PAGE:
Or the red. Or the white. Or the blue. Or the red and white, blue and white, red and blue. Or the patriotic, or any quilt with a combination of these three colors, any shade, tint or hue predominating. Since yesterday, June 14th, was Flag Day — and July 4th is coming up — we thought it would be fun to have a parade of quilts using these colors. For information about submitting, see the end of this post.
Quilt Title: 2016-2020: Fractured
Quilter: Judy Racine
Dimensions: 63” x 63”
This is based on the Libs Elliott “Just Like Heaven” Pattern. I altered it in a couple ways to suit my taste: I changed out square designs to create a more underlying cohesion and eliminated one of the color values to suit me.What I learned from this quilt: don’t use Mountain Mist wool batting. The bearding is horrible. I used left over scraps for the back.
Quilt Title: Betsy’s Creation
Quilt Maker: Elizabeth Eastmond
Quilt Info: 72″ by 86
I’d always wanted a flag quilt, and one bright day I cut up a lot of red, white, blue and put it together. But why stop there? I made up a tip sheet of how I constructed my quilt, and put it for free on my website. I think, from start to finish, I did the top in just under two days. And then I had four blocks leftover, so I took an extra day to make a small quilt to hang in our hallway at home (see below).
Link to free pattern sheet and more photos. Why is it called Betsy’s Creation? Well, because of the Betsy Ross, legend, of course, and also because my childhood nickname was Betsy.
Since we are dark in July (our meeting falls on the July 4th holiday), if you have other Show and Share quilts you’d like us to see, please also send them along to our email, along with quilt details. We had a series of quilts shown at our Zoom meeting on Saturday, and we’d like to share some of them with you. Not all are here, as we are awaiting the quilt details from their makers.
Working title: Chaos 2020
Quilt Maker: Debbi LoCicero
Dimensions: 36” x 48” vertical wall hanging
Based on a string pieced block intersected with white pick up stix in various locations
I took a class over 20 years ago, never finished more than 2 blocks that didn’t look anything like these. When I couldn’t figure out what the original block was, I just started piecing strips together until I had a new “piece of fabric” and then cut that into 7” blocks. I liked a pick-up stix block we recently made as a group for a charity quilt and decided to intersect my blocks with various tone on tone white fabrics. I like the orderly disorder that resulted. I will try to machine quilt this wall hanging because it’s small enough…I’m really more of a piecer than “quilter.”
Quilt Title: Shapes of Water
Quilter: Lynn Hanna
Quilt Dimensions: 20” x 40”
It was a grey winter day in Yosemite when I took a photo of the creek. I abstracted some of the shapes the water made as it tumbled over the flat, rounded rocks. I reversed and flipped the shapes, repeated in both light and dark and dark and light, and assembled them like a cascading river. To make the water, I used some hand dyed fabric I colored when I was experimenting with making value range gradations from one dye bath. (The background is Kona Silver). I quilted flat rock and water shapes and abstract trees along the banks. I used a neutral thread so the complex quilting designs are subtle, hopefully drawing the viewer in for a closer look.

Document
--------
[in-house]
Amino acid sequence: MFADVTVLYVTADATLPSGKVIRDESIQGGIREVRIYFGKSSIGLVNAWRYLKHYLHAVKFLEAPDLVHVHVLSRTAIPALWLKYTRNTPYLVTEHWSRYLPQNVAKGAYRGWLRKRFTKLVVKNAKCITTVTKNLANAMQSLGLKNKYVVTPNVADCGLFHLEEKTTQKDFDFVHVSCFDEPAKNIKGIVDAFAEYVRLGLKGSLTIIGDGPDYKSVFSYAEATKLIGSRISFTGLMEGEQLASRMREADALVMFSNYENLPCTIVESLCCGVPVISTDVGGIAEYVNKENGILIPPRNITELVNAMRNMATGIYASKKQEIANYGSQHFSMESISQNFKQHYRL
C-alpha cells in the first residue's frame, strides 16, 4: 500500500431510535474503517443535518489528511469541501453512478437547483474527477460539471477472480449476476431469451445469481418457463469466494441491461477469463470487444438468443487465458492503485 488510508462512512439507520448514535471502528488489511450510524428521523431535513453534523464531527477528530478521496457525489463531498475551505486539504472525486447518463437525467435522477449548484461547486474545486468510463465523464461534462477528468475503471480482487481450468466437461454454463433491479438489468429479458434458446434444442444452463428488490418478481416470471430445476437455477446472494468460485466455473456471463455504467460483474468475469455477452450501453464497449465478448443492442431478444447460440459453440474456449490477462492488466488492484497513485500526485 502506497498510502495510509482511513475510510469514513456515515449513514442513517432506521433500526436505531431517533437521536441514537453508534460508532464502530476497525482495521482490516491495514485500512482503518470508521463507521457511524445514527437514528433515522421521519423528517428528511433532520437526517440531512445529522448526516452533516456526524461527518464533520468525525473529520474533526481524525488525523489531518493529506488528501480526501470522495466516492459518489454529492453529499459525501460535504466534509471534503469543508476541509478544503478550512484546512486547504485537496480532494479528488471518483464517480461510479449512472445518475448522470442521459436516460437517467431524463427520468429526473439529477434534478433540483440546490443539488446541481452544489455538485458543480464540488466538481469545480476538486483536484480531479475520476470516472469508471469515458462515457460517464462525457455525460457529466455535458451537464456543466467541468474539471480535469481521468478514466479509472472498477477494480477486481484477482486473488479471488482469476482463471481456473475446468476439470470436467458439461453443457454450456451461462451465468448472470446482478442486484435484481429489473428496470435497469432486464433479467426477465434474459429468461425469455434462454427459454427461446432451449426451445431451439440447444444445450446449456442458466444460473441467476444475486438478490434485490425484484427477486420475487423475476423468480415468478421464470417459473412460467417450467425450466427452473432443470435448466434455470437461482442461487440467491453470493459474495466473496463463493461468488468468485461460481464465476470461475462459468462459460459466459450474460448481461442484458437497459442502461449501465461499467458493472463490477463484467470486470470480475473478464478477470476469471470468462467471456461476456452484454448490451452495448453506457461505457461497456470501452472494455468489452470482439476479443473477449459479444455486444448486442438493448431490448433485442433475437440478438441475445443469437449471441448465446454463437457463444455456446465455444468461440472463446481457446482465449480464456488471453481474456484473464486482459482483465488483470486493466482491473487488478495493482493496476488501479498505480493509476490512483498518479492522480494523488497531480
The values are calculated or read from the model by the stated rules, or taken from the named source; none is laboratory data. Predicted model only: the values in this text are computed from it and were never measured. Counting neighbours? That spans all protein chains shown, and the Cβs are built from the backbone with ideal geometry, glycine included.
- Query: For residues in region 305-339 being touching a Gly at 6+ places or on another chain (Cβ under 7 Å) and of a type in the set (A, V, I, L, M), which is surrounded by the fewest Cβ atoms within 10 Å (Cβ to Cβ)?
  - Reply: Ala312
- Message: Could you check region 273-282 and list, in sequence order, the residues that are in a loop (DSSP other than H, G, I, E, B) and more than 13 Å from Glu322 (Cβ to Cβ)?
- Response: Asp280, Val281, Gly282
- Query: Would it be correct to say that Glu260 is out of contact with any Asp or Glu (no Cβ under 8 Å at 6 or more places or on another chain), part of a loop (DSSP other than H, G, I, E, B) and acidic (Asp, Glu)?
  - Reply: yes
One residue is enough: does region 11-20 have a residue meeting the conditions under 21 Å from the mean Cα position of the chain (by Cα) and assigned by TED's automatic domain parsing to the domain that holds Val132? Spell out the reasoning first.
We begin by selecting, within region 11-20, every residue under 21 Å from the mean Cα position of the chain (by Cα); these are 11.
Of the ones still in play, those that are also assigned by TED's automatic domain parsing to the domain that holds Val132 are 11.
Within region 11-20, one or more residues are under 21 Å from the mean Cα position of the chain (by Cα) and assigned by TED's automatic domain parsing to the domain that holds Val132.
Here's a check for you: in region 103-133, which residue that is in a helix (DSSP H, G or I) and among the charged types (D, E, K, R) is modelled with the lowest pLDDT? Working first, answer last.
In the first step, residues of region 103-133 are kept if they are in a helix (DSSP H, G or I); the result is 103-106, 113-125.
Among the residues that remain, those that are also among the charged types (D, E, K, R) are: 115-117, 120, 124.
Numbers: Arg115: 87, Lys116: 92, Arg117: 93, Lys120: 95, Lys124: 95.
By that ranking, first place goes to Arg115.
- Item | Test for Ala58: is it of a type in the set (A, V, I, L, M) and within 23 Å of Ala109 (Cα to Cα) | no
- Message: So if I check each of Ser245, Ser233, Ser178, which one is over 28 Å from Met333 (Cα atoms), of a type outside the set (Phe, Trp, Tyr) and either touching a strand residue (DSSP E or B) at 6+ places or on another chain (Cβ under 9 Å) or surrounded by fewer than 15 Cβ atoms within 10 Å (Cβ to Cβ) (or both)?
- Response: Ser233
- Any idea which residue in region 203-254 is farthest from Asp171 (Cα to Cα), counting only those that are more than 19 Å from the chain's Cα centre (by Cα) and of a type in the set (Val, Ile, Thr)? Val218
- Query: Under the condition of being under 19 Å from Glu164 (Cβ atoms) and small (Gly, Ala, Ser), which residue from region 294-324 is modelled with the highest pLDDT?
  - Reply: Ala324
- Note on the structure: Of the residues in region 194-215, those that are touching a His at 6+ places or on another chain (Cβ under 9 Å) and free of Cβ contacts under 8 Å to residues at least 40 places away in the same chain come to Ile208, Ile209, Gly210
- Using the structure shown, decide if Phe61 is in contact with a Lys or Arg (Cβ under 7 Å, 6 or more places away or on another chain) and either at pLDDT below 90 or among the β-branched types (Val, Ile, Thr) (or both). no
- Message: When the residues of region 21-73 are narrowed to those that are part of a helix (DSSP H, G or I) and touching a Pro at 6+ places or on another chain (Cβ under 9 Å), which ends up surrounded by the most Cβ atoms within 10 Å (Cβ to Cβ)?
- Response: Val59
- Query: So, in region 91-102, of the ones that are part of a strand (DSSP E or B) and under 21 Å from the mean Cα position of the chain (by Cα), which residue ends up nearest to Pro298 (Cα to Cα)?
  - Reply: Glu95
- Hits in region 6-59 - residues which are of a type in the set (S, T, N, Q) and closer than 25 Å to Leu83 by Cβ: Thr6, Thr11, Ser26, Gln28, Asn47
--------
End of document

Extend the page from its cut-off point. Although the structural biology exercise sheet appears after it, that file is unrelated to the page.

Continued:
Quilt Title: Forced Change
Quilter: Lynn Hanna
Dimensions: About 42” x 56”
At QuiltCon in Austin this February, I signed up for a color class. I came with my red violet fabrics in a variety of shades, tints, and tones, along with the opposite lime green zingers. I was really looking forward to the color class. When I walked in, I realized I had made a mistake somewhere. I had signed up for an improvisation class, not something I would have done, had I been paying better attention. So I went with it, and basically made purple improv fabric. When I got home, I decided to cut it up and do something with it. This is the result.
Our world was just moving along, a fairly regular and predictable pattern to everyone’s lives, until COVID-19 arrived. The virus, my yellow-green zinger fabric, started to affect plans and alter our interactions. Then came the stay-at-home orders. A fear of infection as well as the effort to prevent neighbors illnesses kept me home. Our entire world took a drastic left turn, and social norms as we knew them will be changed. There is chaos as we work to establish new patterns and move forward with the virus becoming a part of our lives.
Quilt Title: A Purposeful End
Maker: Lynn Hanna
Diameter roughly 25”
Original design by Lynn Hanna
This was a personal challenge. I wanted to make curved wedges with curved crossway elements into an organic tree stump shape that, when pieced together, would be flat, and look like a tree stump. I figured it out and I did it!
The title comes from contemplation about why I quilt. At the end of the children’s book, The Giving Tree, the stump is for sitting. COVID-19 has spurred thoughts about “the end.” What will become of this tree stump, a technical exercise. Will it become a wall decoration? A table covering? And what of my other quilts? What will happen to them in the end? Why do I make them? These were some of my thoughts as I worked on this quilt.
Just for interest sake, I have sold this quilt, so it’s no longer an issue swirling in my brain. Lighter, happier musings have taken over today because now I have money to fund my fabric infatuation.
If you have a quilt to share, please email it to firstname.lastname@example.org along with the usual:
Don’t let your lack of info stop you, as you can approximate the size by saying, wallhanging, or twin size, etc. But we do want to hear about your quilt!
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